U.S. Mint Director Philip N. Diehl made a surprising confession to Congress this week: The commemorative coins his government agency sells by the thousands, often for hundreds of dollars apiece, are a poor investment.
“The record is absolutely clear: These are not good investments,” Diehl conceded to members of the House Banking subcommittee on domestic and international monetary policy. “… They are keepsakes … mementos…. We compete with T-shirts.”
“High-priced T-shirts,” suggested Rep. Sue W. Kelly, R-N.Y., voicing concern that many individuals who bought coins celebrating the Olympics, Statue of Liberty or the Constitution from the mint will be shocked to discover they can buy the same coins for far less from a coin dealer.
A 1986 gold Liberty coin that the mint sold for $170 now can be had for $125.
A 1990 Eisenhower silver dollar that was offered for $23 now sells for $13.
A 1991 Korean War silver dollar that was sold for $28 now sells for $15.95.
Diehl appeared Wednesday at a hearing at which he and a panel of numismatic experts agreed with subcommittee chairman Michael N. Castle, R-Del., that the mint’s 13-yearold commemorative coin program is in “a parlous state.”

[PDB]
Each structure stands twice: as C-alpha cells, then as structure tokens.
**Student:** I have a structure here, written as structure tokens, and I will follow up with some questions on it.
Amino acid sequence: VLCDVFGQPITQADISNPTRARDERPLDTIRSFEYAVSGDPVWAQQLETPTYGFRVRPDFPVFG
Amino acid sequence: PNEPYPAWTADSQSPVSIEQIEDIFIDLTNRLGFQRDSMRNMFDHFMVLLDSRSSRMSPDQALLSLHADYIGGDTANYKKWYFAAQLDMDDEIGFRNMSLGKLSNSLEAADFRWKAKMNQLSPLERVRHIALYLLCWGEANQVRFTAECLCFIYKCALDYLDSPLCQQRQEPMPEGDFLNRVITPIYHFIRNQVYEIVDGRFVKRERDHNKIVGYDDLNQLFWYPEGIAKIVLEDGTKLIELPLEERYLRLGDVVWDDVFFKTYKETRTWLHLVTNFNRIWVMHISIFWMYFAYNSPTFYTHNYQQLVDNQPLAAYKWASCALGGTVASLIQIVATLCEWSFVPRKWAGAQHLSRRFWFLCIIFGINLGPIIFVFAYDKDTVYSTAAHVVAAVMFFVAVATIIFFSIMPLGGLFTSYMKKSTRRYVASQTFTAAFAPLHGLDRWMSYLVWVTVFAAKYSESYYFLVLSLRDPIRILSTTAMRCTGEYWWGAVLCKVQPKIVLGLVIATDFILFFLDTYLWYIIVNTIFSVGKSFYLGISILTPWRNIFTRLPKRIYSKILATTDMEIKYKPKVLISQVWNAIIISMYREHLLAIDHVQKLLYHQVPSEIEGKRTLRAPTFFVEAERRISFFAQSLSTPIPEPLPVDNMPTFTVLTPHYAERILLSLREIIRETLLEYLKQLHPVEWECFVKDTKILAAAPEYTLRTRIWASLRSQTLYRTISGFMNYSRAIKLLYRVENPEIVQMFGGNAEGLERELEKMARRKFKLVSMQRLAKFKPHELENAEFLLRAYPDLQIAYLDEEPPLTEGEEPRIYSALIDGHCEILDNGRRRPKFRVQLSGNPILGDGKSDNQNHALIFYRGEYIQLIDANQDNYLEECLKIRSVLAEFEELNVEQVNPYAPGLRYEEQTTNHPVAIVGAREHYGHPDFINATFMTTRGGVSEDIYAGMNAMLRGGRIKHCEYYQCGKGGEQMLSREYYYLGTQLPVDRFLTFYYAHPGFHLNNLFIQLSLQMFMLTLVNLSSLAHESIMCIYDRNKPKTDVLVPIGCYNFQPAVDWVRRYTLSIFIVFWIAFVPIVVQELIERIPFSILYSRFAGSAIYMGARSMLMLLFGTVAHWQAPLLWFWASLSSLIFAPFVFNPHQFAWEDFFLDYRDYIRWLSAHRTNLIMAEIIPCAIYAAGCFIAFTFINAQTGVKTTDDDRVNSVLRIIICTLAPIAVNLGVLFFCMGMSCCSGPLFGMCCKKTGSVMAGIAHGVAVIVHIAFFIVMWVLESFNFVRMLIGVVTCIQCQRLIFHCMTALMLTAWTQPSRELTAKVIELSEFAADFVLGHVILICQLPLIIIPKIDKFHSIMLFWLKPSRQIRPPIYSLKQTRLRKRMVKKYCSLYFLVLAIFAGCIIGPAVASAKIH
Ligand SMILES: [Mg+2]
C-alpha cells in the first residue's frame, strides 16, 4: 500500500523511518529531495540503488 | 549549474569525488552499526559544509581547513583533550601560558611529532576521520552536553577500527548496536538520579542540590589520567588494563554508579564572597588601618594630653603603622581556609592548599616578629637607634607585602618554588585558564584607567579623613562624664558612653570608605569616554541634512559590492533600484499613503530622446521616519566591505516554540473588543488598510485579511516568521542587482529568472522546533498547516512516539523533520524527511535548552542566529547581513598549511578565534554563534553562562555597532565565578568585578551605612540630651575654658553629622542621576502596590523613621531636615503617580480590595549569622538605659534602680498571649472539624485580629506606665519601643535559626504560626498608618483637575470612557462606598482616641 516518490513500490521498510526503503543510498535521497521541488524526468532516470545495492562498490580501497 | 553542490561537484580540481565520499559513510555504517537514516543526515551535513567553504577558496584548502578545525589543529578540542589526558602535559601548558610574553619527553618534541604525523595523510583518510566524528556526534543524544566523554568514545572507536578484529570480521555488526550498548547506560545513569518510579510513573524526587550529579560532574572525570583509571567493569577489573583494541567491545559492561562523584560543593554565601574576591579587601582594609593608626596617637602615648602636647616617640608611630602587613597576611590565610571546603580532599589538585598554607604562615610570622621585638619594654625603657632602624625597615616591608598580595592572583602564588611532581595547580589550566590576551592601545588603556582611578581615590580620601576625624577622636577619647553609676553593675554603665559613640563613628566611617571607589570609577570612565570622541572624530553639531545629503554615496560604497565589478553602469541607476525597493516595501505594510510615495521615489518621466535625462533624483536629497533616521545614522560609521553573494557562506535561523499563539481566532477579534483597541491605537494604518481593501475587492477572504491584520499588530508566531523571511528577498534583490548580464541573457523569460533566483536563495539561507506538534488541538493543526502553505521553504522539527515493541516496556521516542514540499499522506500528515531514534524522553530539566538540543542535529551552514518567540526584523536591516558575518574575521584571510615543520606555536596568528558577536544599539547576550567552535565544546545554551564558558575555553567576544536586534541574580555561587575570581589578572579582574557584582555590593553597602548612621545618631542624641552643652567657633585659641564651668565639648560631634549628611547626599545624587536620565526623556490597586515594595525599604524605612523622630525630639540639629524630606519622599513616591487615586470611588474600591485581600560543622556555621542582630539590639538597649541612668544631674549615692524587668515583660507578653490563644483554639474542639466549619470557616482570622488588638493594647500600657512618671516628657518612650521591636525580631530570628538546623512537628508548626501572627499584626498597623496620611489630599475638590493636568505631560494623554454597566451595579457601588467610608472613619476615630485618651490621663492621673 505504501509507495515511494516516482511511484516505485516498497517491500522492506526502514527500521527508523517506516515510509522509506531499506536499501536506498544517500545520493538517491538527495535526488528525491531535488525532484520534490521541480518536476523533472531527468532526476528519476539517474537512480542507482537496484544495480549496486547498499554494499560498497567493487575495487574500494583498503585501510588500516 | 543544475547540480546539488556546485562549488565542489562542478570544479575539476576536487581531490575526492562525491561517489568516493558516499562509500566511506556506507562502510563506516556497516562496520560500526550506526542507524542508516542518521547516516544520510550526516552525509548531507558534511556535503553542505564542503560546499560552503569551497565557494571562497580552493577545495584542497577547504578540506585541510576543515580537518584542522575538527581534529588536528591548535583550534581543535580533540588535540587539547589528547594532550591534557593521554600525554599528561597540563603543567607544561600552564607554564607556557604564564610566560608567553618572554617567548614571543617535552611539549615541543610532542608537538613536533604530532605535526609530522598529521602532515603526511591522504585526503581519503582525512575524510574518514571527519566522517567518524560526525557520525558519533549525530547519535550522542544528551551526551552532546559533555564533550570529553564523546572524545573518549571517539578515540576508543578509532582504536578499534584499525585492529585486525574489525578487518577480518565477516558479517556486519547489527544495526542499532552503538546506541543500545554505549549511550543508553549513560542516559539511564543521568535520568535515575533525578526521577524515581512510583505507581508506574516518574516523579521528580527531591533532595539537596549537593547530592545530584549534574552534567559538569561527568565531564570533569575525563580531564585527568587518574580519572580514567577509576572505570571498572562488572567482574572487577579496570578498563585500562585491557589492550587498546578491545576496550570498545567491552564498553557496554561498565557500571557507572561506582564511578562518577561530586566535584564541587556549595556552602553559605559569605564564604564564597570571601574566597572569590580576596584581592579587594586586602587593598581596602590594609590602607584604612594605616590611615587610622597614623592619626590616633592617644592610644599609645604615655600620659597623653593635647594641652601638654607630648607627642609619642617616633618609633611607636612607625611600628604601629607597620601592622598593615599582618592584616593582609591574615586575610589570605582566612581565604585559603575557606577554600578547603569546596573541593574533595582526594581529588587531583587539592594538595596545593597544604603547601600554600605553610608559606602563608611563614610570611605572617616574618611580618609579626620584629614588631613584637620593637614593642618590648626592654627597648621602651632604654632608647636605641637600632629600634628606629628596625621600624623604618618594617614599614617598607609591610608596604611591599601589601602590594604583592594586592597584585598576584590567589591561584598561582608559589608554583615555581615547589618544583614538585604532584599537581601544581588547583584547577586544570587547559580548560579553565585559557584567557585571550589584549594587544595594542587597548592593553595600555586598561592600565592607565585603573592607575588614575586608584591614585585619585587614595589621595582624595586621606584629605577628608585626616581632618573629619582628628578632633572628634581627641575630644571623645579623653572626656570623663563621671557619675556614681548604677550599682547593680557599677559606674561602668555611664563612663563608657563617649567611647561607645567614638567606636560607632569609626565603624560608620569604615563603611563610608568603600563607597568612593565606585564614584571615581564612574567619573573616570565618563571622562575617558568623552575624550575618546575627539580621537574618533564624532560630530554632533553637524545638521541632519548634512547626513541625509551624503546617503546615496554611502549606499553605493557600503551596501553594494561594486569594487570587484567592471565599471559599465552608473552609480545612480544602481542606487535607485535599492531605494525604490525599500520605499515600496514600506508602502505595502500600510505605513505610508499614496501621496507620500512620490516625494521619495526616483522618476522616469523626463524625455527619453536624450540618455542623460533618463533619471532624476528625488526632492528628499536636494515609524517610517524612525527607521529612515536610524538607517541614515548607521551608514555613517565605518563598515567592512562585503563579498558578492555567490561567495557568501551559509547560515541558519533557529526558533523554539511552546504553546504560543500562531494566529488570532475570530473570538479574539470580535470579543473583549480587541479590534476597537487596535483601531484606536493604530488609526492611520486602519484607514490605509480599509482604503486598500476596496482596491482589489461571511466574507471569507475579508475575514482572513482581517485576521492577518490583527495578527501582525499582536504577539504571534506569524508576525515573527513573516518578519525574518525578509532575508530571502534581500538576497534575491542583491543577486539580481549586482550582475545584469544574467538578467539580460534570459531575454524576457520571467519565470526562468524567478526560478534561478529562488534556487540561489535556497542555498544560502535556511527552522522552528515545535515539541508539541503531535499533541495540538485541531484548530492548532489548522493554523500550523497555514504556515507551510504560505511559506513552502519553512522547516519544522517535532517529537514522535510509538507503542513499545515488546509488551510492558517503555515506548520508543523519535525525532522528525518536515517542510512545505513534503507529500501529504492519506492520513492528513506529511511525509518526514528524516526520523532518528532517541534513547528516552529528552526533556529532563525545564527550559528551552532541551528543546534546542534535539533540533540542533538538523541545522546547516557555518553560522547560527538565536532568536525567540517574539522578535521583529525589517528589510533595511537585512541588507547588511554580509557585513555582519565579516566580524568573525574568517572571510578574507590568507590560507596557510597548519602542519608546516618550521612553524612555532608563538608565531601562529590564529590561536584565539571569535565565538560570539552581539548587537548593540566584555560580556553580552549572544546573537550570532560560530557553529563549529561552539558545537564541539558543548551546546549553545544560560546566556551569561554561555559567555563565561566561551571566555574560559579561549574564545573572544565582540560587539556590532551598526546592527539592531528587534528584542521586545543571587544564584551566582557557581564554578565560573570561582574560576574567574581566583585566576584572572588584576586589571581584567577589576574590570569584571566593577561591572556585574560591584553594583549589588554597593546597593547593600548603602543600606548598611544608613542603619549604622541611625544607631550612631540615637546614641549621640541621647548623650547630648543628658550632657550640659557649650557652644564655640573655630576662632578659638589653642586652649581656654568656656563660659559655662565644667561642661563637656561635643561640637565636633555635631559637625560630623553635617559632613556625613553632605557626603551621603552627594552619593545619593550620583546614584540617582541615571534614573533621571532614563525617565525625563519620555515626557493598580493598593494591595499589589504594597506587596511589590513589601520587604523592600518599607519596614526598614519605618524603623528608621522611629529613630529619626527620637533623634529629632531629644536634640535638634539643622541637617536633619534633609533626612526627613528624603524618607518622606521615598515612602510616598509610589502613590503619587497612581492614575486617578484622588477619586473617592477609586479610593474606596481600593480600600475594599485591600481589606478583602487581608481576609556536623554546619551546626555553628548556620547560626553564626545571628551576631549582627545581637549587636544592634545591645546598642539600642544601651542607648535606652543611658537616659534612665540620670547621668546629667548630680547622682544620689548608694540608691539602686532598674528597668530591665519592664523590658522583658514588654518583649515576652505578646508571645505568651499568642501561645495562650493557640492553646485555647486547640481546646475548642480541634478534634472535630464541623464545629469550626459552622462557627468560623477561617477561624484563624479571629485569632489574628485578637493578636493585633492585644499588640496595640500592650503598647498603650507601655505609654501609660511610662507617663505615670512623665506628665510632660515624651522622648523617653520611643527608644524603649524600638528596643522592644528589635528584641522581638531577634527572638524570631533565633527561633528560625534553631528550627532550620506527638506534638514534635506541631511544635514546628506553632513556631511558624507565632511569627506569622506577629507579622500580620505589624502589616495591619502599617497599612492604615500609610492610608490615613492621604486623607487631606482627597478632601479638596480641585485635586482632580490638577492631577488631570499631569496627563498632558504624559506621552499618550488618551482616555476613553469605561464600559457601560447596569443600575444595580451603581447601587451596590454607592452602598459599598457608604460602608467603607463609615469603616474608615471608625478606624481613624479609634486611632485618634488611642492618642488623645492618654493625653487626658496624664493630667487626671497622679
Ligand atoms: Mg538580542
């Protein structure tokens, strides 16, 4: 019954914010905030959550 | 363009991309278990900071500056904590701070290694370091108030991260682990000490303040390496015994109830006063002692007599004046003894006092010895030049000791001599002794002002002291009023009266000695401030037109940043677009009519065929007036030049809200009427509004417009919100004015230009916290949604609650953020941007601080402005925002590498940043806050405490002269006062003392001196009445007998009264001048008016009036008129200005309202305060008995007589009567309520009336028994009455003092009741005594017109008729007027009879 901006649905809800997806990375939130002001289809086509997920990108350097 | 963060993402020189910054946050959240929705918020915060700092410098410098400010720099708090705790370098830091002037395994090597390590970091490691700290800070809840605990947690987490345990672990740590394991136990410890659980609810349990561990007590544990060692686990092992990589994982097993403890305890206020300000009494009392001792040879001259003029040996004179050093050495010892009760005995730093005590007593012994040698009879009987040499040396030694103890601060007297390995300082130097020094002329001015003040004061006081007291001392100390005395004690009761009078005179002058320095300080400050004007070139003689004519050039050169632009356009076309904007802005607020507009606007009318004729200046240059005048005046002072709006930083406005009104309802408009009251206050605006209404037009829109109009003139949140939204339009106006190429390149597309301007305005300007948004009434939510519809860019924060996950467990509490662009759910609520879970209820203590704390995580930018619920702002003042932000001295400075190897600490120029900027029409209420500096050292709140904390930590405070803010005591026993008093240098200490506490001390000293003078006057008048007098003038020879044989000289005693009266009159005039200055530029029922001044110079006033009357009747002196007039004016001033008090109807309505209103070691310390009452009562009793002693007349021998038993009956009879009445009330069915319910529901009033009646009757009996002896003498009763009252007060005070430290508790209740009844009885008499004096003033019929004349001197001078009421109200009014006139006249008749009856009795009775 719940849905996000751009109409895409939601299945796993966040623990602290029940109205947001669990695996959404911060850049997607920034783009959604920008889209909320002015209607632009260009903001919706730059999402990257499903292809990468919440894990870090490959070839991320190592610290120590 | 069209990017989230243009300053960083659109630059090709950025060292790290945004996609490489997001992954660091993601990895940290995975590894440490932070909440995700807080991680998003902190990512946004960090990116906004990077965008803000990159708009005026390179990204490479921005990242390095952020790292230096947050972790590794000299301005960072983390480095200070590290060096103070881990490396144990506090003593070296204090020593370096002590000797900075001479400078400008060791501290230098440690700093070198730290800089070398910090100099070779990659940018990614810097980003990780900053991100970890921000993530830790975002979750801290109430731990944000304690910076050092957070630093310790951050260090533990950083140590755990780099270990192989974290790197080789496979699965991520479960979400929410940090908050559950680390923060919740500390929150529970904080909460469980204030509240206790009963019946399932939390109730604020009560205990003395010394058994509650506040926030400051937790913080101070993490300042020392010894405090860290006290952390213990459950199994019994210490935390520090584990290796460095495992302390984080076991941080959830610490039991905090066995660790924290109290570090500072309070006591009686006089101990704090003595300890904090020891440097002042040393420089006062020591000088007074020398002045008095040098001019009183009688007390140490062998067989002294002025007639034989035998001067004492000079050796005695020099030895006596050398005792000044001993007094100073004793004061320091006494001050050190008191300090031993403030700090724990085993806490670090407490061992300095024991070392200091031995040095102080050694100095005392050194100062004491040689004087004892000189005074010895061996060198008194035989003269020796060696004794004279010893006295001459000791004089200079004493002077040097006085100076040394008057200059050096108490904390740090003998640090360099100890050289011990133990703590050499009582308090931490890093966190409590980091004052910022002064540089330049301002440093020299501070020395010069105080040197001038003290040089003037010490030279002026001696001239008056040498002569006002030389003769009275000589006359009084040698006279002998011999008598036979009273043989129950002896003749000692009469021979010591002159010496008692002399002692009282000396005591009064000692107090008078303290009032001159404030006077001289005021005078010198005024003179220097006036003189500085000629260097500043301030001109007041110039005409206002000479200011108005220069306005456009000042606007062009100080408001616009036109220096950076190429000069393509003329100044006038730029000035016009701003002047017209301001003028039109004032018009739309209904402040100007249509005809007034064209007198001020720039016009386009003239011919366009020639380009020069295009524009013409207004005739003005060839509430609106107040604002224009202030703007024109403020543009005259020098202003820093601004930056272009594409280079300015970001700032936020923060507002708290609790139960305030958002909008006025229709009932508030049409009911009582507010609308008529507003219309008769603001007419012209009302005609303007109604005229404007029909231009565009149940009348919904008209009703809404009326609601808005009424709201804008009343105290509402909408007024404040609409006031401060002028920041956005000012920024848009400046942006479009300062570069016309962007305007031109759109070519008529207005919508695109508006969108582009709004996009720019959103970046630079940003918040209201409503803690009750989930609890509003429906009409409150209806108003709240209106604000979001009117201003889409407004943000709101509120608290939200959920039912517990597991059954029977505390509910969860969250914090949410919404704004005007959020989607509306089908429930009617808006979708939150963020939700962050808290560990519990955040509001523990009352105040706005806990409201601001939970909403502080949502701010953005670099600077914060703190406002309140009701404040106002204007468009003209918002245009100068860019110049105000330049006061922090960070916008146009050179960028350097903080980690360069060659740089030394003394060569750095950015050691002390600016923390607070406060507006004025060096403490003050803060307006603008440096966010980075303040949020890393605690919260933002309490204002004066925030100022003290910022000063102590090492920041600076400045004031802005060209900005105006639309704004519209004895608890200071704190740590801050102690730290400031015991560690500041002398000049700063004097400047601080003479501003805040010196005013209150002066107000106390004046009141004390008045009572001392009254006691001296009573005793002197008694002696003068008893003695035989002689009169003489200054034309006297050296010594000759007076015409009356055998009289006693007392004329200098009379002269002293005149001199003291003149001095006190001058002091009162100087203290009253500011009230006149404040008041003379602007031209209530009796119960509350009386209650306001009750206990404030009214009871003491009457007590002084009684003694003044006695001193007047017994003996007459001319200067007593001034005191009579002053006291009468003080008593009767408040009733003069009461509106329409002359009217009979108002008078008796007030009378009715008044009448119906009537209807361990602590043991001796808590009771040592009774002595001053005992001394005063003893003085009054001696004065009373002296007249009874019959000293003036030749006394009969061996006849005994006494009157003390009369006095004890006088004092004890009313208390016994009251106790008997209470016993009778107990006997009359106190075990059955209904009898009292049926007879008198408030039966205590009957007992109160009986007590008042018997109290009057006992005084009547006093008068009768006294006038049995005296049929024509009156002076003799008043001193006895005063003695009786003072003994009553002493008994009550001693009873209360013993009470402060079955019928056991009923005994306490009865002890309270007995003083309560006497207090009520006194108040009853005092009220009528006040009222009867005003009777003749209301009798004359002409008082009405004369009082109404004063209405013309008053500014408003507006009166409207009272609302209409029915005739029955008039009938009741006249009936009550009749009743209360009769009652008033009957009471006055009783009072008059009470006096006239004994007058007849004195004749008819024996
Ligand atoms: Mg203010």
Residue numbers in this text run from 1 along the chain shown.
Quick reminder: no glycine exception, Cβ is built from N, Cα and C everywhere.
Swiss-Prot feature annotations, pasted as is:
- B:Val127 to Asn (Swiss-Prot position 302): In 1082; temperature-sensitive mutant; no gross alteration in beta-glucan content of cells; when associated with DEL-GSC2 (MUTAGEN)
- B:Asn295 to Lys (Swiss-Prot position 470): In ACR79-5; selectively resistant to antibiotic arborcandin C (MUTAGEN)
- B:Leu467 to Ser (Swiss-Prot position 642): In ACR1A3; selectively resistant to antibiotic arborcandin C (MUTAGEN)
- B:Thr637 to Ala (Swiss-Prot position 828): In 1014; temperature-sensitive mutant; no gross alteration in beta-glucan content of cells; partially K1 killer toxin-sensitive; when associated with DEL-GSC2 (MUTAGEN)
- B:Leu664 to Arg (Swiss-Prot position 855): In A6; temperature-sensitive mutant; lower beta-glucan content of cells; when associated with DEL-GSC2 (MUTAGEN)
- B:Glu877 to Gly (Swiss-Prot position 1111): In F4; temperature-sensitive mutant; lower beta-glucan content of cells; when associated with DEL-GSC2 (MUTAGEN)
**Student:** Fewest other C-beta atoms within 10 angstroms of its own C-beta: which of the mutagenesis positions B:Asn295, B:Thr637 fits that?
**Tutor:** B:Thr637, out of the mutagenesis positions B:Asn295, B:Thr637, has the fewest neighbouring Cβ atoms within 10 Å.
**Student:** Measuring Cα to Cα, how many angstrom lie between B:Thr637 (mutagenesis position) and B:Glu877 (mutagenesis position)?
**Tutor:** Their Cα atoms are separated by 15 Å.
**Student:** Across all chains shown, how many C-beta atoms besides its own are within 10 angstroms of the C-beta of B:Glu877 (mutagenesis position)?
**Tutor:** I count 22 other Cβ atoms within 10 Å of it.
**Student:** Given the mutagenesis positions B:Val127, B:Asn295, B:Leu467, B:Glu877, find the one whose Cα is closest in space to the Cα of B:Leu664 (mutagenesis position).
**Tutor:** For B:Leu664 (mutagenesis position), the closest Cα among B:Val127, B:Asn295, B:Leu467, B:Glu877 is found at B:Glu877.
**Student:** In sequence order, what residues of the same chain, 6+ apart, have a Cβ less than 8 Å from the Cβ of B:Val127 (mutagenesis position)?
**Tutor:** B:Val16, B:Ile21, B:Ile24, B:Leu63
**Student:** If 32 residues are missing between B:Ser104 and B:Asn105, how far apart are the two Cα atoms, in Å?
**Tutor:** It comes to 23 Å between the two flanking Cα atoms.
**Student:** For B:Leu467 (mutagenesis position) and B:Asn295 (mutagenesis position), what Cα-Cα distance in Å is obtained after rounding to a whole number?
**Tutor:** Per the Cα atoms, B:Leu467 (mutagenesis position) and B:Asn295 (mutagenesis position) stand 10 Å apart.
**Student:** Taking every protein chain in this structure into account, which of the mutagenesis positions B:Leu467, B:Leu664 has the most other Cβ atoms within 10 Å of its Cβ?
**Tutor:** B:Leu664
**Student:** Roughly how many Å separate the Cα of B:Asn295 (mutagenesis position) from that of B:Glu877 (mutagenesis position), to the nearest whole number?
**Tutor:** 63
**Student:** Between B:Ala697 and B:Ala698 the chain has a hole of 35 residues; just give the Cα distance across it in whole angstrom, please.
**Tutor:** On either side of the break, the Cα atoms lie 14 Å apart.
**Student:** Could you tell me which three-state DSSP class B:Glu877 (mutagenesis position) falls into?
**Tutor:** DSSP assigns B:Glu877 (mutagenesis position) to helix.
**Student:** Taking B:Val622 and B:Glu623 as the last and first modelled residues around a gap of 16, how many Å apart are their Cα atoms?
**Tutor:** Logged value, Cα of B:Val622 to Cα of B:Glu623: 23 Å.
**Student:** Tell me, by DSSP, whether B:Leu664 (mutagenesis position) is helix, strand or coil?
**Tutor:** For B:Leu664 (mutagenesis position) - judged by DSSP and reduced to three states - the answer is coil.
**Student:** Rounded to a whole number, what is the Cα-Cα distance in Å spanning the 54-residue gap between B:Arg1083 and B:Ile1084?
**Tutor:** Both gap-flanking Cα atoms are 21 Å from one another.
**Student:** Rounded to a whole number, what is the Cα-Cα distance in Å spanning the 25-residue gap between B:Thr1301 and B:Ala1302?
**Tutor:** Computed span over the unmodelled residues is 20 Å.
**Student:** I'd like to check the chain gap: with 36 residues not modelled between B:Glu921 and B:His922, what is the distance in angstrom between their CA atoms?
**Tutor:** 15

Since the Reagan administration revived the mint’s moribund program in 1982 with a silver half dollar honoring George Washington, Congress has allowed charities to raise money through surcharges on the commemoratives.
“There is no question that all types of political shenanigans” give selected charities the right to earn millions of dollars in surcharges from the sale of commemorative coins, Castle said. Since proposals for new commemorative coins frequently are attached to other politically popular measures, he said it may be a difficult problem to correct.
Although commemorative coins have a face value, they are designed not for use as circulating coinage, but for sale to collectors. Unlike the mint gold and silver Eagle bullion coins, they are not designed for investments, though some collectors expect their value to grow.
But a recent surge in commemoratives has infuriated collectors and sent the prices for the coins plummeting. “These are not ‘rare coins,”’ New York coin dealer Harvey G. Stack told the House subcommittee. “The only thing ‘rarer’ than these modern commemoratives will be finding someone willing to give you a profit when you try to sell them.”
Stack, who has been buying and selling coins for nearly 50 years, said the mint issued 89 different commemorative coins between 1982 and 1994. If a collector who had purchased them from the mint tried to sell the coins today, he would “make a $1 or $2 profit on only 13 of those coins, break even on two of them and lose money on 74 others.”